*The title is taken from a book by Sharon Flake, about a young black girl’s struggle to love herself.
I remember watching music videos and wanting to be that girl. More specifically, Beyoncé.
I cried because I was never going to be “5’5, brown eyes, with thick thighs” My mom didn’t understand how crucial being Ja Rule’s ‘down ass chick’ was at that age.
aunt would tell you the infamous story about how I cried on Christmas because I wanted a white Barbie when I was like 5. That story makes me cringe to this day, and I realize how deep this self-acceptance thing runs.
Lastly, I recall middle school and being best friends with the most popular girl, and we had been since elementary. Once we got to middle school I began to notice how different we were. She was really into boys I wasn’t. She had developed breasts, I hadn’t. People just wanted to please her & I was just a brainy oddball with a bad attitude.
I wondered why she wasted her time with a girl like me.
I mean, my grandmother didn’t allow me to hang out at Yellowstone Park with all the cool kids late into the night. I was so skinny. Plus my grandfather did not spend his hard earned retirement on designer clothes and shoes for us. Still, Ciara understood me. Even when people ostracized us and tried to convince her to stop being my friend. She told me I was beautiful and always believed in me.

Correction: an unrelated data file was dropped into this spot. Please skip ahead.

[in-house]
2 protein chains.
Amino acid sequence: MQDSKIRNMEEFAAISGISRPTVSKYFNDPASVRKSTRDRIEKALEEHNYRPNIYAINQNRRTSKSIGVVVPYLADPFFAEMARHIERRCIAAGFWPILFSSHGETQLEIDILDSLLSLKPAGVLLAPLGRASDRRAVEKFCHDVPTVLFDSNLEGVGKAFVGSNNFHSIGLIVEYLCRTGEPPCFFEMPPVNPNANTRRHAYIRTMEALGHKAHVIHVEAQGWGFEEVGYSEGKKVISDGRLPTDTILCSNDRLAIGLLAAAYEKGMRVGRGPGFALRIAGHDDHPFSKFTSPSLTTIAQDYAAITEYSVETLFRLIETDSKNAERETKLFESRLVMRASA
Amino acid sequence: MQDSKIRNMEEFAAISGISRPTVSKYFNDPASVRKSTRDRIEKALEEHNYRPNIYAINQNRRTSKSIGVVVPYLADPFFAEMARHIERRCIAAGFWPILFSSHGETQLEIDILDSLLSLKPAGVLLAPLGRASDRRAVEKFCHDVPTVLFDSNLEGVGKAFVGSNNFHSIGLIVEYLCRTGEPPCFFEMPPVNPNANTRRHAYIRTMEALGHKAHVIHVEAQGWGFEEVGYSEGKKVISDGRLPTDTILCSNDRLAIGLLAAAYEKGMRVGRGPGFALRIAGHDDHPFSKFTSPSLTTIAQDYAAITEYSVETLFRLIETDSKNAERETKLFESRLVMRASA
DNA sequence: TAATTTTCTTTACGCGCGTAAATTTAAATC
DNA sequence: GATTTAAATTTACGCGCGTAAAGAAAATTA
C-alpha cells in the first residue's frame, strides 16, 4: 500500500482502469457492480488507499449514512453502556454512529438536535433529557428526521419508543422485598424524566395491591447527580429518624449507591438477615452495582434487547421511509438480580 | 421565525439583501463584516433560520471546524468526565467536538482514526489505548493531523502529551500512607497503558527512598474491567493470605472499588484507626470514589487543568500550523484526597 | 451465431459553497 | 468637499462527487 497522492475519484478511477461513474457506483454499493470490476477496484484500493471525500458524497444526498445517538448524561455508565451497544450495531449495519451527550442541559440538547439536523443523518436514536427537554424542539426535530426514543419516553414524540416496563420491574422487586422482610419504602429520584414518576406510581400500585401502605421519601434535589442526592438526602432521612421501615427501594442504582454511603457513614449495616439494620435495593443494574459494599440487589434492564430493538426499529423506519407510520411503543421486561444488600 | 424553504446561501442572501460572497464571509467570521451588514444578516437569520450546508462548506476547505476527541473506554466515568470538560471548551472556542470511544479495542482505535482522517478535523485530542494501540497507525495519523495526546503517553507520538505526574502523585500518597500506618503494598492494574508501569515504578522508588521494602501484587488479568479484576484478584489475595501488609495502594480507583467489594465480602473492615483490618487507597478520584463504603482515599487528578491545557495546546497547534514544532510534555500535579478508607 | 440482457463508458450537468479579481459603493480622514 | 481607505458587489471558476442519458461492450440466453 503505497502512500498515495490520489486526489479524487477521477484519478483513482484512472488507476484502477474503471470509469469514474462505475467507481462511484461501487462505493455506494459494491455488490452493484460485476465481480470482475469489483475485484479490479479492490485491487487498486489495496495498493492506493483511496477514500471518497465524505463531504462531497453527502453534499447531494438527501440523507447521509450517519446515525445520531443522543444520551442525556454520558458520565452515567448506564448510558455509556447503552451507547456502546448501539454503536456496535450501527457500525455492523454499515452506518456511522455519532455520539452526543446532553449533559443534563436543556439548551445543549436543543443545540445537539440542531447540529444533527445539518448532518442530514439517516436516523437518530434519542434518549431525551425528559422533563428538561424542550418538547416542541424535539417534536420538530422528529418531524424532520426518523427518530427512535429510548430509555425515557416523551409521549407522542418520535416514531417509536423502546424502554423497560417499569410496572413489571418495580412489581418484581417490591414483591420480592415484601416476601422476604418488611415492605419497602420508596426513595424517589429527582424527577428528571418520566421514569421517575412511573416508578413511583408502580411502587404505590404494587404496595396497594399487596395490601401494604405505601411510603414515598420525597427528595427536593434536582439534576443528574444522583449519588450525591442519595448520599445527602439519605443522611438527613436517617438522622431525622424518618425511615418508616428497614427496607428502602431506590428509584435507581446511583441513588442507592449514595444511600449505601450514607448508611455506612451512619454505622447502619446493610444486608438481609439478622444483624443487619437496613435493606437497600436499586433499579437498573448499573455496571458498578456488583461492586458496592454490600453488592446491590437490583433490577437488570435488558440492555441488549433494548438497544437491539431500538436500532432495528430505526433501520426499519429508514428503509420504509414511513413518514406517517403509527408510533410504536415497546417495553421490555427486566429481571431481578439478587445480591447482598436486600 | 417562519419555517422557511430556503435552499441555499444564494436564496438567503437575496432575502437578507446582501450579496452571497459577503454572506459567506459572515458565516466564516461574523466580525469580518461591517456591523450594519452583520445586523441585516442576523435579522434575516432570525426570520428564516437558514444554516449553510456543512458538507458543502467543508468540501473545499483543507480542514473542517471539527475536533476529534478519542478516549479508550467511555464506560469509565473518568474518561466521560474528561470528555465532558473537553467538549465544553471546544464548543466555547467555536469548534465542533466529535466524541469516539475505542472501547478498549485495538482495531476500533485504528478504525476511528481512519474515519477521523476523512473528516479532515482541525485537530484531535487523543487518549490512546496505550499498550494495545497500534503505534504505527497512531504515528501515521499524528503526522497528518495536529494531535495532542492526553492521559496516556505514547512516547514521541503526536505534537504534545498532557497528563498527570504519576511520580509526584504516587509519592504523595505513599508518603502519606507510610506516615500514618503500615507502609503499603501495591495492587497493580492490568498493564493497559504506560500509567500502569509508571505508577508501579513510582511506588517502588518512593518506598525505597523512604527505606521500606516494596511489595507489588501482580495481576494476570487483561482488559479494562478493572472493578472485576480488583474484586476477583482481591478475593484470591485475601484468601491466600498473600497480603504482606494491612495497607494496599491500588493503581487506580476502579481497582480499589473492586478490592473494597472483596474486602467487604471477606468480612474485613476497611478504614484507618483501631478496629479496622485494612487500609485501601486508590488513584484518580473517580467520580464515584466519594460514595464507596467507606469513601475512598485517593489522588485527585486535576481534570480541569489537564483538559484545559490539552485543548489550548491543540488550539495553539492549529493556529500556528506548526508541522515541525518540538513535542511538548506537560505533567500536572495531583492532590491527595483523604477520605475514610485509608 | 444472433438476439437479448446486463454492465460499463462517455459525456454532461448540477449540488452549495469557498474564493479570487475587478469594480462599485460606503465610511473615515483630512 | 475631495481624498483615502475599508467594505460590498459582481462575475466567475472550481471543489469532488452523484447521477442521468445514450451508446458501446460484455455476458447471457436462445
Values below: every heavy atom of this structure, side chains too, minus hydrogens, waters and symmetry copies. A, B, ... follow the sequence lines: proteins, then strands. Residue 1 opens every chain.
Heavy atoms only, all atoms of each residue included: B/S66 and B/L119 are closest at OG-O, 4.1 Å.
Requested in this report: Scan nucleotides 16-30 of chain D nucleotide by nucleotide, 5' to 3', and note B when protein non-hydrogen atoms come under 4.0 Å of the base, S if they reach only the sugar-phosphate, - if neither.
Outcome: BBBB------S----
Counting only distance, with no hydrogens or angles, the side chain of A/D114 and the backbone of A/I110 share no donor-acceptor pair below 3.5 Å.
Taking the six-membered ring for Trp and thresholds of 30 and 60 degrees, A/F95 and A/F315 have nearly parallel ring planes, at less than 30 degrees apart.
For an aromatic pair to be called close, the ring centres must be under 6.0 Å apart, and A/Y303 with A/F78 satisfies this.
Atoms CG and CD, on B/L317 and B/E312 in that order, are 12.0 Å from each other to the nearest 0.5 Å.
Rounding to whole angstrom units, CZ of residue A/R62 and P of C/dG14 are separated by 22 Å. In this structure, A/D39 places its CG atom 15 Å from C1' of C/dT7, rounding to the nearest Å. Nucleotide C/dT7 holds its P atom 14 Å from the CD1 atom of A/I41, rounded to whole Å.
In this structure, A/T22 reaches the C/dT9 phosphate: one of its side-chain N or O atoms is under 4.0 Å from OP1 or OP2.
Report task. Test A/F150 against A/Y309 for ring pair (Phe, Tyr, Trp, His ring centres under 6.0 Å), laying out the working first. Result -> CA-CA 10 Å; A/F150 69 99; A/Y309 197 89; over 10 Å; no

But then there was one day before art class in 6th grade. Ciara told me that the other pretty light skin girls, Della & Savadra, decided that I was lame and not cool enough to be associated with her if she were to be associated with them. Just like that, our friendship ended.
Today, I don’t hold anything against Ciara. I almost forgot it happened.
I reflect on my silly ambitions to be Beyoncé, or light skin, or curvy. These childish thoughts make me smile, shudder, then shake my head. Now I understand that my superficial desires about my appearance partly stem from wanting to identify and look like my biracial mother, because of course every young girl wants to be just like her mother. I figured if I looked like her she’d come around more, she’d love me more. (Tears forming)
The journey towards self-love is a constant influx of good and bad thoughts about myself. I am happy to say that I am consciously on this journey. I will not be robbed of the beauty that is God’s intention for my life. His Beauty for me that is mostly unseen.